Henry asks: without seeing the numbers the eyeball test is telling me that Judges K rate has been climbing. It seems like he is maybe a little frustrated by the lack of good pitches in the zone and hes swinging more at the low and away out of the zone. It also looks that he might be sitting fastball a bit too much as im seeing him take a lot of loopy curves down the middle. do the numbers and your opinion back this up?

Aaron Judge‘s strikeout rate spiked in May and has stayed at the same level since. He was running a 29.8% strikeout rate heading into last night’s game. Here’s the graph:

aaron-judge-strikeout-rate

Twenty-eight of Judge’s 87 strikeouts this season have been looking, or 32.2%. The MLB average is 23.3%. I’m guessing all those low strikes he keeps getting called against him has something to do with that. It does seem like Judge has been caught looking a little more often the last few weeks — I could be completely wrong — and maybe that means he’s caught in between a bit. He’s looking fastball but gets a breaking ball, and vice versa. That sorta thing. Judge is striking out a lot, but man, whatever he’s doing, it’s working. Keep doing it.

Michael asks: Is DiDi’s very low walk rate concerning to you? There have been 208 players with 190+ PA and DiDi is ranked 204th with a BB% of just 3.1.

Nah. I wish Didi Gregorius would walk more, but I don’t think it’s going to happen. This is who he is. He’s a free swinger. And it works for him! Didi makes plenty of contact and he can hit the ball over the fence. I’d just let him be. Swinging is in his DNA so let him do it. If Gregorius wasn’t producing or if the Yankees had six or seven hitters like this in the lineup, it would be a problem. But he’s been hitting and, by and large, the Yankees have a patient lineup. One (or two, really, counting Starlin Castro) free swinger ain’t the end of the world.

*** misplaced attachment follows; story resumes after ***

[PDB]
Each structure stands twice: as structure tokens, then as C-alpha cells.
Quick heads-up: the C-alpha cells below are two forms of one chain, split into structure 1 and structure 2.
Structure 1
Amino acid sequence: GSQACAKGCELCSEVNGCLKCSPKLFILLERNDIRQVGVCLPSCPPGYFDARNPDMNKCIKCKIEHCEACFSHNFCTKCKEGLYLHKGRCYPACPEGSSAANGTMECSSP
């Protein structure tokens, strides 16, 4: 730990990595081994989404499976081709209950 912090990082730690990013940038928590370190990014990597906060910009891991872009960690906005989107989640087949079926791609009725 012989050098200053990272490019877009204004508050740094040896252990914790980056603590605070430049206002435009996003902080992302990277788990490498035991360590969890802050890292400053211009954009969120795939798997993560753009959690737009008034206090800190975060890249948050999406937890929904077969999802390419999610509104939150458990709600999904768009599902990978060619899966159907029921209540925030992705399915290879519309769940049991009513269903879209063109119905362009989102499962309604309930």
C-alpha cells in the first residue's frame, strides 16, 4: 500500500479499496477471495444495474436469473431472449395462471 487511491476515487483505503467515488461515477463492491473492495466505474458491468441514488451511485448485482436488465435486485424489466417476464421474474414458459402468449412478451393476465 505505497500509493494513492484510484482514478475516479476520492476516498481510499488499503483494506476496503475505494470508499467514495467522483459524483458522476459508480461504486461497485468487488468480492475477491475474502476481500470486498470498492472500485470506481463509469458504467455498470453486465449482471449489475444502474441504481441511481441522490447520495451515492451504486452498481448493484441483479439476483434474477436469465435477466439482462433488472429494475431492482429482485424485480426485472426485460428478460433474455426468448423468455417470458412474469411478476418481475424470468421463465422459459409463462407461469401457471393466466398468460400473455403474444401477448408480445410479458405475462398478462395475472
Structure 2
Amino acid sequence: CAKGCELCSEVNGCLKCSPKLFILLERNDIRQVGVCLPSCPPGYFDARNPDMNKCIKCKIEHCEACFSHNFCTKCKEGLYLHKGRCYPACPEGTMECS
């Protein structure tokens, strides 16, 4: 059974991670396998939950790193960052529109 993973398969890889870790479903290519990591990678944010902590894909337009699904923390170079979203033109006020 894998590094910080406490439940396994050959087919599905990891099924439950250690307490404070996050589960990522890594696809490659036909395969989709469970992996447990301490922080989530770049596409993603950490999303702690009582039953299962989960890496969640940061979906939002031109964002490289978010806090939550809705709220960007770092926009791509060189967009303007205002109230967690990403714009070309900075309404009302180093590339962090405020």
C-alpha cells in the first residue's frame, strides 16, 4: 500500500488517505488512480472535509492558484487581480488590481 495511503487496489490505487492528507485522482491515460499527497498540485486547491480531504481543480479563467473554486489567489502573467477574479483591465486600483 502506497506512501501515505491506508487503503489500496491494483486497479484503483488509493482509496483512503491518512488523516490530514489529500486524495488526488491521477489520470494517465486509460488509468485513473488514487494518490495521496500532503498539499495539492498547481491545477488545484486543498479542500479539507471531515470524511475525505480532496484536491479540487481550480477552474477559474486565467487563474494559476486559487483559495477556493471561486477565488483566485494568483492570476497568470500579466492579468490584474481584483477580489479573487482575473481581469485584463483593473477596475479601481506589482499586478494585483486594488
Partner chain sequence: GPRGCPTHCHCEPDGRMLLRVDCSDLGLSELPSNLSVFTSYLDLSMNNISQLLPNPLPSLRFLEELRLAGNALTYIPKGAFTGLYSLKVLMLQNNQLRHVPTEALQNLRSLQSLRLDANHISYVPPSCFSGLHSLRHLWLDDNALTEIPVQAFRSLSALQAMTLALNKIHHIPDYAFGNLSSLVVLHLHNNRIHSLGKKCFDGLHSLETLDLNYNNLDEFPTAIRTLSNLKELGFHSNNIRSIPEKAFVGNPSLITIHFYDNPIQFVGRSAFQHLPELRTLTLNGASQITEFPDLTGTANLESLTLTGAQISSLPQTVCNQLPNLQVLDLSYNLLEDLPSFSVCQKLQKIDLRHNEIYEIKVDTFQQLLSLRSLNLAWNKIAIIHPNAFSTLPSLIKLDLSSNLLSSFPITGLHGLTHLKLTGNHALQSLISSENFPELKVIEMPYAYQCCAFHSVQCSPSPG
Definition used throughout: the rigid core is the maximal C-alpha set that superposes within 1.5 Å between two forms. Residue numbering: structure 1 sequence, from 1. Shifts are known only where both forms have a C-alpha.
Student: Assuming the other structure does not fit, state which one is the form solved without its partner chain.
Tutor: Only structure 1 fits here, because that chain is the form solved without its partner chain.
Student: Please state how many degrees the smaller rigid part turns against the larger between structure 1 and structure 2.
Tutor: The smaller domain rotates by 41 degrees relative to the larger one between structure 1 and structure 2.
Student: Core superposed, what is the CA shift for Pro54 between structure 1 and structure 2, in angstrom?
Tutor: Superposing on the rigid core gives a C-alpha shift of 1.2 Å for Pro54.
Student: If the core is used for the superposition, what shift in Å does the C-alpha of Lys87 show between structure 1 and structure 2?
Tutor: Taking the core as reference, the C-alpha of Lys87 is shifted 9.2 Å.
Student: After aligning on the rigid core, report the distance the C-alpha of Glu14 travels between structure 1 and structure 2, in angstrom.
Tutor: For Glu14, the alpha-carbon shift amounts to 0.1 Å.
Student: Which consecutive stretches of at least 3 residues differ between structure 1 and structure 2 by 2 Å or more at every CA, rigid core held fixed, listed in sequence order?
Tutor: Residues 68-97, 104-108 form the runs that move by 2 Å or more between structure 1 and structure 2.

Daniel asks: I don’t have video evidence, but it seems to me that Betances has seriously closed off his stance on the mound. What do you think? With Shreve doing the same, does two make a trend?

Both Dellin Betances and Chasen Shreve have closed their deliveries this year. Here’s what I mean:

dellin-betances-chasen-shreve-2016-vs-2017

One of the ex-pitcher YES Network broadcasters spoke about this a few weeks ago. I think it was David Cone. He said closing up like that — Betances and Shreve are practically showing their number to the hitter now — helps the pitcher stop from flying open out front. They stay back better and can more easily maintain their balance through their delivery. That’s what the broadcaster (again, Cone, I think) said, so take their word for it.